The very fact of a deal is celebrated as likely to increase business confidence, end “fiscal uncertainty” caused by manufactured budget crises, and lead to more investment and more jobs.

Paul Krugman has famously scorned these theories as belief in the “confidence fairy.” Business invests when it sees market opportunities. It hires when it sees demand for its products rising. In the current economy, businesses are sitting on dough; banks are parking money at the Federal Reserve. They lack customers, not confidence.

Sober business leaders will project a continuation of slow growth, continued mass unemployment and income stagnation, limited growth in export markets, the Federal Reserve beginning to reduce its extraordinary measures, and the Federal budget still in austerity. Military contractors aren’t going to hire millions of new employees because the cuts in military procurement will be somewhat less. They may not lay off as many workers, but they aren’t likely to add many.

Moreover, as the old Russian proverb taught, one swallow does not make a spring. There is no reason to think that this deal leads to a new era of bipartisan cooperation. Republican leaders wanted a deal because they couldn’t afford to shut the government down again politically, and because they wanted to keep railing about Obamacare. Democrats wanted a deal because…well, because they are Democrats.

But the conservative outside groups are mobilizing against the deal.  The Tea Party right will vote in large numbers against it. And in about March, the government will run into the debt ceiling again, and a new authorization will be needed to cover the debts that the Congress has already agreed to run up. The era of bipartisan accord might well not last until the spring.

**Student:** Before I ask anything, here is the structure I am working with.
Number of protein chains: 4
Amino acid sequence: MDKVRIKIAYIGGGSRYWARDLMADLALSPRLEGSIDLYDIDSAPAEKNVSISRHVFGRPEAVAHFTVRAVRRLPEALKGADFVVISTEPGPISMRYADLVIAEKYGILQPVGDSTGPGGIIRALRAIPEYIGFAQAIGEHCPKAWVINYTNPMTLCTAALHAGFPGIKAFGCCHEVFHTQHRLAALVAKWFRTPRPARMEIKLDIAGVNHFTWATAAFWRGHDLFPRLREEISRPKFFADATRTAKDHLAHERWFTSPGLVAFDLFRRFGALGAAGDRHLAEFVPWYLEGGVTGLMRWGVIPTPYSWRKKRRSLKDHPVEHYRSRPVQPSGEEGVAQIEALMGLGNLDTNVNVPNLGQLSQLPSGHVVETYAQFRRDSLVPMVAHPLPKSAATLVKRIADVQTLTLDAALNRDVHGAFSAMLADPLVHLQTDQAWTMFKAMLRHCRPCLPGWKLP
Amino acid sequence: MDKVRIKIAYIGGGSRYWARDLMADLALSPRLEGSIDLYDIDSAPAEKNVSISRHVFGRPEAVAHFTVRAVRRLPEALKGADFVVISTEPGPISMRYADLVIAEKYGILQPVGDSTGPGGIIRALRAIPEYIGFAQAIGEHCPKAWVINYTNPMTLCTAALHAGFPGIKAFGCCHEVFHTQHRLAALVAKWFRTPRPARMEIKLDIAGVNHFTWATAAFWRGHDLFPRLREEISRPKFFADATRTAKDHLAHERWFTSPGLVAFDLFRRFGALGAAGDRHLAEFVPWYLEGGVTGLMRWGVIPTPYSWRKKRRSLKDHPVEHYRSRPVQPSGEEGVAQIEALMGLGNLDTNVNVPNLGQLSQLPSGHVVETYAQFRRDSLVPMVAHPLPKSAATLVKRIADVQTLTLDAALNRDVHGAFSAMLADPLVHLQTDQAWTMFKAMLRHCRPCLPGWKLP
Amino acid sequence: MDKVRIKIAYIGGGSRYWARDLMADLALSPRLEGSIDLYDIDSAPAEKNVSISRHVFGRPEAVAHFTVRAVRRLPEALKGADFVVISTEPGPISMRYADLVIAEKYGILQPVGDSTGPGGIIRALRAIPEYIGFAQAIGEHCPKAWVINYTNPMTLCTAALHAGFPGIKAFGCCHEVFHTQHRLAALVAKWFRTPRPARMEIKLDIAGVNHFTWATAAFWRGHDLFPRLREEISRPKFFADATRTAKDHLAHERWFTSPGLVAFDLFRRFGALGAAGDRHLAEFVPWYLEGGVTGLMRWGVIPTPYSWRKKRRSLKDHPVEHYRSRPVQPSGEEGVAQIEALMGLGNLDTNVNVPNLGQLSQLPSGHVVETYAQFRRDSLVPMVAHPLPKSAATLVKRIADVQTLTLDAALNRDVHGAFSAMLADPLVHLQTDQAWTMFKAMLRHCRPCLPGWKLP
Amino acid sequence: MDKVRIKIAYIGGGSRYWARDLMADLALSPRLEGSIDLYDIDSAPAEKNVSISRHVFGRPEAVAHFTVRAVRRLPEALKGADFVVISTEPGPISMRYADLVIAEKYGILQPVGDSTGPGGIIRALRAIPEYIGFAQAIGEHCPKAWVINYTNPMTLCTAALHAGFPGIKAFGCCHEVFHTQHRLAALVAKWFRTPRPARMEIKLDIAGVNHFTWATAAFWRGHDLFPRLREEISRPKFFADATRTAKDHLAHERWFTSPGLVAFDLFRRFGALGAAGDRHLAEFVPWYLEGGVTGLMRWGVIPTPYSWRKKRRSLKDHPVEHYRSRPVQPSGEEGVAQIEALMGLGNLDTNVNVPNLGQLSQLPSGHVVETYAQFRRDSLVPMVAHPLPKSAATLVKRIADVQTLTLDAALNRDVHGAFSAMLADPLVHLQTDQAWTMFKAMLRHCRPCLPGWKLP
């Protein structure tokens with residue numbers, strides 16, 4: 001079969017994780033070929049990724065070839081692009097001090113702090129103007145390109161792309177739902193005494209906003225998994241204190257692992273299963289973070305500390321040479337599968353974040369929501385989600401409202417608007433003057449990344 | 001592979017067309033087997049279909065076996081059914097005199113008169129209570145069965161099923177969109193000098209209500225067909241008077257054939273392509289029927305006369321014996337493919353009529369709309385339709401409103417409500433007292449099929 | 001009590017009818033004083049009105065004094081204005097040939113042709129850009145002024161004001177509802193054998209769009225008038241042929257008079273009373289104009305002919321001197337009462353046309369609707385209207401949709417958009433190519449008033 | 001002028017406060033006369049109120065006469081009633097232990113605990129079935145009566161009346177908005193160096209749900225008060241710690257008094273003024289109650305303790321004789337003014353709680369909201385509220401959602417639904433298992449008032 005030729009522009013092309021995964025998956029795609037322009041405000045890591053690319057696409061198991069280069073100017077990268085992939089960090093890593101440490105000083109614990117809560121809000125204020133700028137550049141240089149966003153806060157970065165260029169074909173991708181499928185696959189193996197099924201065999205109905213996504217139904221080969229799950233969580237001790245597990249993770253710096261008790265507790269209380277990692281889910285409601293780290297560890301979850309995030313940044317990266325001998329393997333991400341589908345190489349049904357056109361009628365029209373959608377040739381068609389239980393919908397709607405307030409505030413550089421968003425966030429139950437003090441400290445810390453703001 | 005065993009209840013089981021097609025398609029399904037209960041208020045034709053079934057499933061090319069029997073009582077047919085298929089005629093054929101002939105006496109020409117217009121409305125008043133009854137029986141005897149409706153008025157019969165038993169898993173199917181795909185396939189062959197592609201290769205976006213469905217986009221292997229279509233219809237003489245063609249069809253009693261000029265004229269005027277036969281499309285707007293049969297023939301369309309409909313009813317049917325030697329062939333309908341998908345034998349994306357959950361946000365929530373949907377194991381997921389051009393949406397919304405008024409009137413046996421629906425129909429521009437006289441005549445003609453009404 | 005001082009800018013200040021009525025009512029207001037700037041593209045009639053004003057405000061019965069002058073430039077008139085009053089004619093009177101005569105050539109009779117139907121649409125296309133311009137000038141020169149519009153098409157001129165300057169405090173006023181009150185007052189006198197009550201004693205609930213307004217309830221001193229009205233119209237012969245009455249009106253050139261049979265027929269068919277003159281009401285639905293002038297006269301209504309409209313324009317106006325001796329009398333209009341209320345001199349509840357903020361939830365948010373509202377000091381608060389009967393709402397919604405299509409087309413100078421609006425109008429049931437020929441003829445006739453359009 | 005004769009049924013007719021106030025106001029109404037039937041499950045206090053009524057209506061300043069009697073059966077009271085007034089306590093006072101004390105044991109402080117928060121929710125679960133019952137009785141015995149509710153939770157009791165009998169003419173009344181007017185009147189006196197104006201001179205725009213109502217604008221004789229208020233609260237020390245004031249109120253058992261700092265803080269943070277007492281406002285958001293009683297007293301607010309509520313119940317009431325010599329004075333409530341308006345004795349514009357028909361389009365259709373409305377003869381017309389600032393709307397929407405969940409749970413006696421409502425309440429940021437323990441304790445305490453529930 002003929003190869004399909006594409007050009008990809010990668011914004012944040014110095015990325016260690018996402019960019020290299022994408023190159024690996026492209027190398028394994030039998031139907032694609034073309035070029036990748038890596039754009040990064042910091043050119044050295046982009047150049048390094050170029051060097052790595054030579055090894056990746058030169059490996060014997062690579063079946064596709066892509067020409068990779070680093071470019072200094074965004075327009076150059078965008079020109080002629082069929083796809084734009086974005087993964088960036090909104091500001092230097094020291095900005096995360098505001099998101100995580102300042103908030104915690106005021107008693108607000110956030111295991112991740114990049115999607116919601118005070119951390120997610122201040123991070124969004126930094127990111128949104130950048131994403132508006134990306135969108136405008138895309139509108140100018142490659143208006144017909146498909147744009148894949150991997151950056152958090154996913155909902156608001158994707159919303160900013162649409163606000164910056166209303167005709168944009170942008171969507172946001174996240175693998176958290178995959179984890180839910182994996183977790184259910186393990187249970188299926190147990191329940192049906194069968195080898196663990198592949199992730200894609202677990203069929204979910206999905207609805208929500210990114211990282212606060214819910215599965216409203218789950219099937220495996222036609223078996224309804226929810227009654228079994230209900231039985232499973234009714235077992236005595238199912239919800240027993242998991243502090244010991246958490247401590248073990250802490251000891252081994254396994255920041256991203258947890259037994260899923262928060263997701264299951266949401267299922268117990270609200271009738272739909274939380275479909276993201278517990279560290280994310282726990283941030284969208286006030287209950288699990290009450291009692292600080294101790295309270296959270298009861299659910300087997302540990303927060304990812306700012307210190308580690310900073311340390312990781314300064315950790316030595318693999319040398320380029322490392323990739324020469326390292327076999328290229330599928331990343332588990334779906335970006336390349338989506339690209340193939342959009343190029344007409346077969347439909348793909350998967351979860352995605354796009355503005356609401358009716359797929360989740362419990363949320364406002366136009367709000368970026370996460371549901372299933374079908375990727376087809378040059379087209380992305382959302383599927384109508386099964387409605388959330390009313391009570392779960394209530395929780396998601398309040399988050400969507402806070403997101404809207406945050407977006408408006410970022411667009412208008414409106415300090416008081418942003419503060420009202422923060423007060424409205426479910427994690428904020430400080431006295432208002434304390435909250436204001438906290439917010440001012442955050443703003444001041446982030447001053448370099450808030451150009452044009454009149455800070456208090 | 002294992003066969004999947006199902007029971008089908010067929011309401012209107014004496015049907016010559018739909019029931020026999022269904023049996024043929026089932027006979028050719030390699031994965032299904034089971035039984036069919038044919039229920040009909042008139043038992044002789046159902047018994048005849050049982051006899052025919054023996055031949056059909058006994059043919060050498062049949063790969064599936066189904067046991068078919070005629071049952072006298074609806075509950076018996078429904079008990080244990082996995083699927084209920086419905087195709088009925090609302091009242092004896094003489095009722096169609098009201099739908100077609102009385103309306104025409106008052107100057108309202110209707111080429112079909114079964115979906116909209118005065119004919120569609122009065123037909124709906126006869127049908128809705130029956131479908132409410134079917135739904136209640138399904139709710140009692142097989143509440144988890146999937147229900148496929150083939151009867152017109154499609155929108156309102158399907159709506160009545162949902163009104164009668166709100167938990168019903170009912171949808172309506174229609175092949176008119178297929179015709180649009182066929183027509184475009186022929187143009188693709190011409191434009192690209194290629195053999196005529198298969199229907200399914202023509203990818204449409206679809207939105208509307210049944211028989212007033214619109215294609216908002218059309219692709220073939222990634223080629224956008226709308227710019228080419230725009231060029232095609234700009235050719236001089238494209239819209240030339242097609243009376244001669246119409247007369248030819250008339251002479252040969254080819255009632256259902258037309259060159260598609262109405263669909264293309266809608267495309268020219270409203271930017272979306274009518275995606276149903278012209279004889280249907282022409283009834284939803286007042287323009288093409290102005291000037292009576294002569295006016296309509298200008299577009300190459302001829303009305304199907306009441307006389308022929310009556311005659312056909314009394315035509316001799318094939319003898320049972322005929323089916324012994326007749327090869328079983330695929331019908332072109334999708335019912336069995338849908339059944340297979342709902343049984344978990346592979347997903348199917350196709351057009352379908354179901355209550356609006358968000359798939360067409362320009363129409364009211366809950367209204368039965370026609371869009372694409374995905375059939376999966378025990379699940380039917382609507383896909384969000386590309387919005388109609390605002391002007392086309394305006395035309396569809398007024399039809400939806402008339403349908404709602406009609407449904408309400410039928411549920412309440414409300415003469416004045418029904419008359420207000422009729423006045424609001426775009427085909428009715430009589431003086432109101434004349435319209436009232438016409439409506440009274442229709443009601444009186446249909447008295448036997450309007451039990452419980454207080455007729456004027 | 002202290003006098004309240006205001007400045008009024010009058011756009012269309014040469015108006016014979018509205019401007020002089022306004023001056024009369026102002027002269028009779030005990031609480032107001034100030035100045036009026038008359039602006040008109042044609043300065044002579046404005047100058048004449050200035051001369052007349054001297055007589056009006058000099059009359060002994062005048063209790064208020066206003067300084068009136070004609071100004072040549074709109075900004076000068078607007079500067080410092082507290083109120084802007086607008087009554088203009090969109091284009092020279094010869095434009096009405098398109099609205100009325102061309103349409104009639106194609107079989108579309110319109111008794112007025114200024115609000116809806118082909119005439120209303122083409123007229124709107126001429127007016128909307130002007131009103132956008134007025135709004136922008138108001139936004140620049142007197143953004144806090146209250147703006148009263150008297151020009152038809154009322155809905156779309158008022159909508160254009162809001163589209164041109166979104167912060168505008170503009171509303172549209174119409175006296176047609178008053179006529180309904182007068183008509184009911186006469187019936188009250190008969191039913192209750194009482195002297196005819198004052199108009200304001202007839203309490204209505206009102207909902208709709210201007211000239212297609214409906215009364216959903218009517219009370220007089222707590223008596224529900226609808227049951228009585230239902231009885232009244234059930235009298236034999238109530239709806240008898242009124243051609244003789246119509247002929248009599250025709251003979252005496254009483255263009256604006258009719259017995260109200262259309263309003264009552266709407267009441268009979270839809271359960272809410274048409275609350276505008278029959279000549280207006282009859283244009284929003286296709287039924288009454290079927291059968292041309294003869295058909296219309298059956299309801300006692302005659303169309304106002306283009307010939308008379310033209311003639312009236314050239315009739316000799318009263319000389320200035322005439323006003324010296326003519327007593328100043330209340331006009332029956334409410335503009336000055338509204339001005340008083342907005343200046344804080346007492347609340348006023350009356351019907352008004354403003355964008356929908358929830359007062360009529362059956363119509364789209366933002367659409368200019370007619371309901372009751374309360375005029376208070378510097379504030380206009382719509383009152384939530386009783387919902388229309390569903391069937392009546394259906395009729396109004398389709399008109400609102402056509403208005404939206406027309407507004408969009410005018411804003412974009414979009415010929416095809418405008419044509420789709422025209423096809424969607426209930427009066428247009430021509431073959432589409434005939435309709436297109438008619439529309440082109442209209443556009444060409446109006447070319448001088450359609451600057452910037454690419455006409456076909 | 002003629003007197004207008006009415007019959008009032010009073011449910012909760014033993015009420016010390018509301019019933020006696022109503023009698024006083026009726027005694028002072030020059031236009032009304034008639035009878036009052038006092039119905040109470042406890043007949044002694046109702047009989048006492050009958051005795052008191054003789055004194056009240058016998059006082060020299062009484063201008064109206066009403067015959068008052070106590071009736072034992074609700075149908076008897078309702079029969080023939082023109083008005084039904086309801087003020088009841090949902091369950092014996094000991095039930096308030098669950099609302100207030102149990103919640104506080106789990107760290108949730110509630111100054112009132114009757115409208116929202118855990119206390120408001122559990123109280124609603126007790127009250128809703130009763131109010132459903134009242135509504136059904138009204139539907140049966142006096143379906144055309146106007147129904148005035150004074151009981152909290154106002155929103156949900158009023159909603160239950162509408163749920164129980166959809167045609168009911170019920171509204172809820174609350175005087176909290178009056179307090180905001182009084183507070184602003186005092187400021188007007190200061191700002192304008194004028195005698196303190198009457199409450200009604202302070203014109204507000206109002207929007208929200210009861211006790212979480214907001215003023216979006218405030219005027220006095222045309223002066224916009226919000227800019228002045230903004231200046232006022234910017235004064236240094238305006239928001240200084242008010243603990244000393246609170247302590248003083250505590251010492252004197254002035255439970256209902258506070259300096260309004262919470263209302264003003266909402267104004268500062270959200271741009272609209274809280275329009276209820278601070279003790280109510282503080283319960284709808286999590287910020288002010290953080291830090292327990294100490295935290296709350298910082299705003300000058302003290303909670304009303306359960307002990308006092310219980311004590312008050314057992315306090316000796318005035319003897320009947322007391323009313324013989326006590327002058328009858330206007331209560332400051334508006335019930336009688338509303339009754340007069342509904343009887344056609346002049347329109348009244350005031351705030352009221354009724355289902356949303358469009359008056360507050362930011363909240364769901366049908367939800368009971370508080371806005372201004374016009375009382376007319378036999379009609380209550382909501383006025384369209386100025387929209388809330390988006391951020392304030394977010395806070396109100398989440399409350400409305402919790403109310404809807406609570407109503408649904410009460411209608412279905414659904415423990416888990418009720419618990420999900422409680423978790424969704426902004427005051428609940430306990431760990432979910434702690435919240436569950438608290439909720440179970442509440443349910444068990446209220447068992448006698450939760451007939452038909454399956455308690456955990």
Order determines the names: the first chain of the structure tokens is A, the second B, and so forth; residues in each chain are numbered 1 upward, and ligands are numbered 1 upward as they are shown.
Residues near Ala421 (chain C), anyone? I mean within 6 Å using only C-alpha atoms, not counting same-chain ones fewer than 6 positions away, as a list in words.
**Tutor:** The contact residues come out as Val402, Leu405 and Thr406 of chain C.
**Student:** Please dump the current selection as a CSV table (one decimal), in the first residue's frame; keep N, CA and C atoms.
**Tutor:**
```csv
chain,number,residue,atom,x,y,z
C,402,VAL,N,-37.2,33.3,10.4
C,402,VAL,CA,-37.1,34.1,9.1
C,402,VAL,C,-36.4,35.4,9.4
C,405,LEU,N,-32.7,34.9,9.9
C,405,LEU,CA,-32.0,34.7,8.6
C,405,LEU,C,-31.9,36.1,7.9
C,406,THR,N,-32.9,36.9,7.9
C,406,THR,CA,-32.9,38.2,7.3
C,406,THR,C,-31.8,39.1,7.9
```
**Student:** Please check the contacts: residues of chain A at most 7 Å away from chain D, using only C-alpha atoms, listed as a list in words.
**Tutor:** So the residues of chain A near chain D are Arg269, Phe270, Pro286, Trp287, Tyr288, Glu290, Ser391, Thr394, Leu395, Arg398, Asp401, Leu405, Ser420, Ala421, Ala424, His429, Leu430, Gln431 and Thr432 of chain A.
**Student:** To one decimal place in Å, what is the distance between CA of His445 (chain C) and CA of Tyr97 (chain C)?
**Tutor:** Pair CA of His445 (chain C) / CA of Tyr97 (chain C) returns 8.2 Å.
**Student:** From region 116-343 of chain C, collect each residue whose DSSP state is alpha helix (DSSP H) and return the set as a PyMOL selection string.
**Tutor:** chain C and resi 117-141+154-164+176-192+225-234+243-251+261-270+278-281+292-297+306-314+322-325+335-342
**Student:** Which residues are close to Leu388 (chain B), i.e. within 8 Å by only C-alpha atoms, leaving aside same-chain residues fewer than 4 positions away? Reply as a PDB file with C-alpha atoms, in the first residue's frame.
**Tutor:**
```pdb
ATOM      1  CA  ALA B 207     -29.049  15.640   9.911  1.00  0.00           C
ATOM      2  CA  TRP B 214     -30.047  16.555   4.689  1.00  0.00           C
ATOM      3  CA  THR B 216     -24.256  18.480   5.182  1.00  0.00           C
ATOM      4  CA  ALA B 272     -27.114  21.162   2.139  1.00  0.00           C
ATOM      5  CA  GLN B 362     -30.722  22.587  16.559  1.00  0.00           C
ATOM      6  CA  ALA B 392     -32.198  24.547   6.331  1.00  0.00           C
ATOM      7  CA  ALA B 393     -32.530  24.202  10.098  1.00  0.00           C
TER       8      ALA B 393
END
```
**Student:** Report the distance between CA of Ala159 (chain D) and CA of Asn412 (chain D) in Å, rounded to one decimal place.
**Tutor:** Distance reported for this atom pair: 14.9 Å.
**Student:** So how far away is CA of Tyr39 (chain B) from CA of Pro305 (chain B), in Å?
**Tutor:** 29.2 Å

3. Austerity Costs Jobs

The deal provides relief from some of the perverse and destructive sequester cuts. But it sustains Washington’s focus on deficit reduction and its commitment to austerity. The two-year agreement contains no initiative that would address the challenges we face. It provides nothing to rebuild our decrepit infrastructure and put people to work, nothing that would fund universal preschool or make college affordable, nothing that would boost research and development to insure the U.S. remains at the cutting edge of innovation, nothing that would even rebuild essential services – from clean water enforcement to FBI capacity – that have suffered over the last years. It keeps the doors open and the lights on, and nothing more.

“Regular order” – doing congressional business without manufactured crises – is a good thing, but it is of limited value if the regular order produces agreements that don’t address the challenges we face. And in that regard, this agreement fails completely.

Austerity has been discredited in both theory and practice. The former bastions of fiscal austerity – the International Monetary Fund and the Federal Reserve – have converted in the face of reality, and now plead with governments to increase spending and stimulus to put people back to work.

Somehow Washington has failed to get the message. This deal doesn’t end the cutting; it only reduces its severity. It doesn’t generate jobs; it only cuts fewer of them. It doesn’t help the economy; it only reduces the harm to it.

Surely we can do better than that.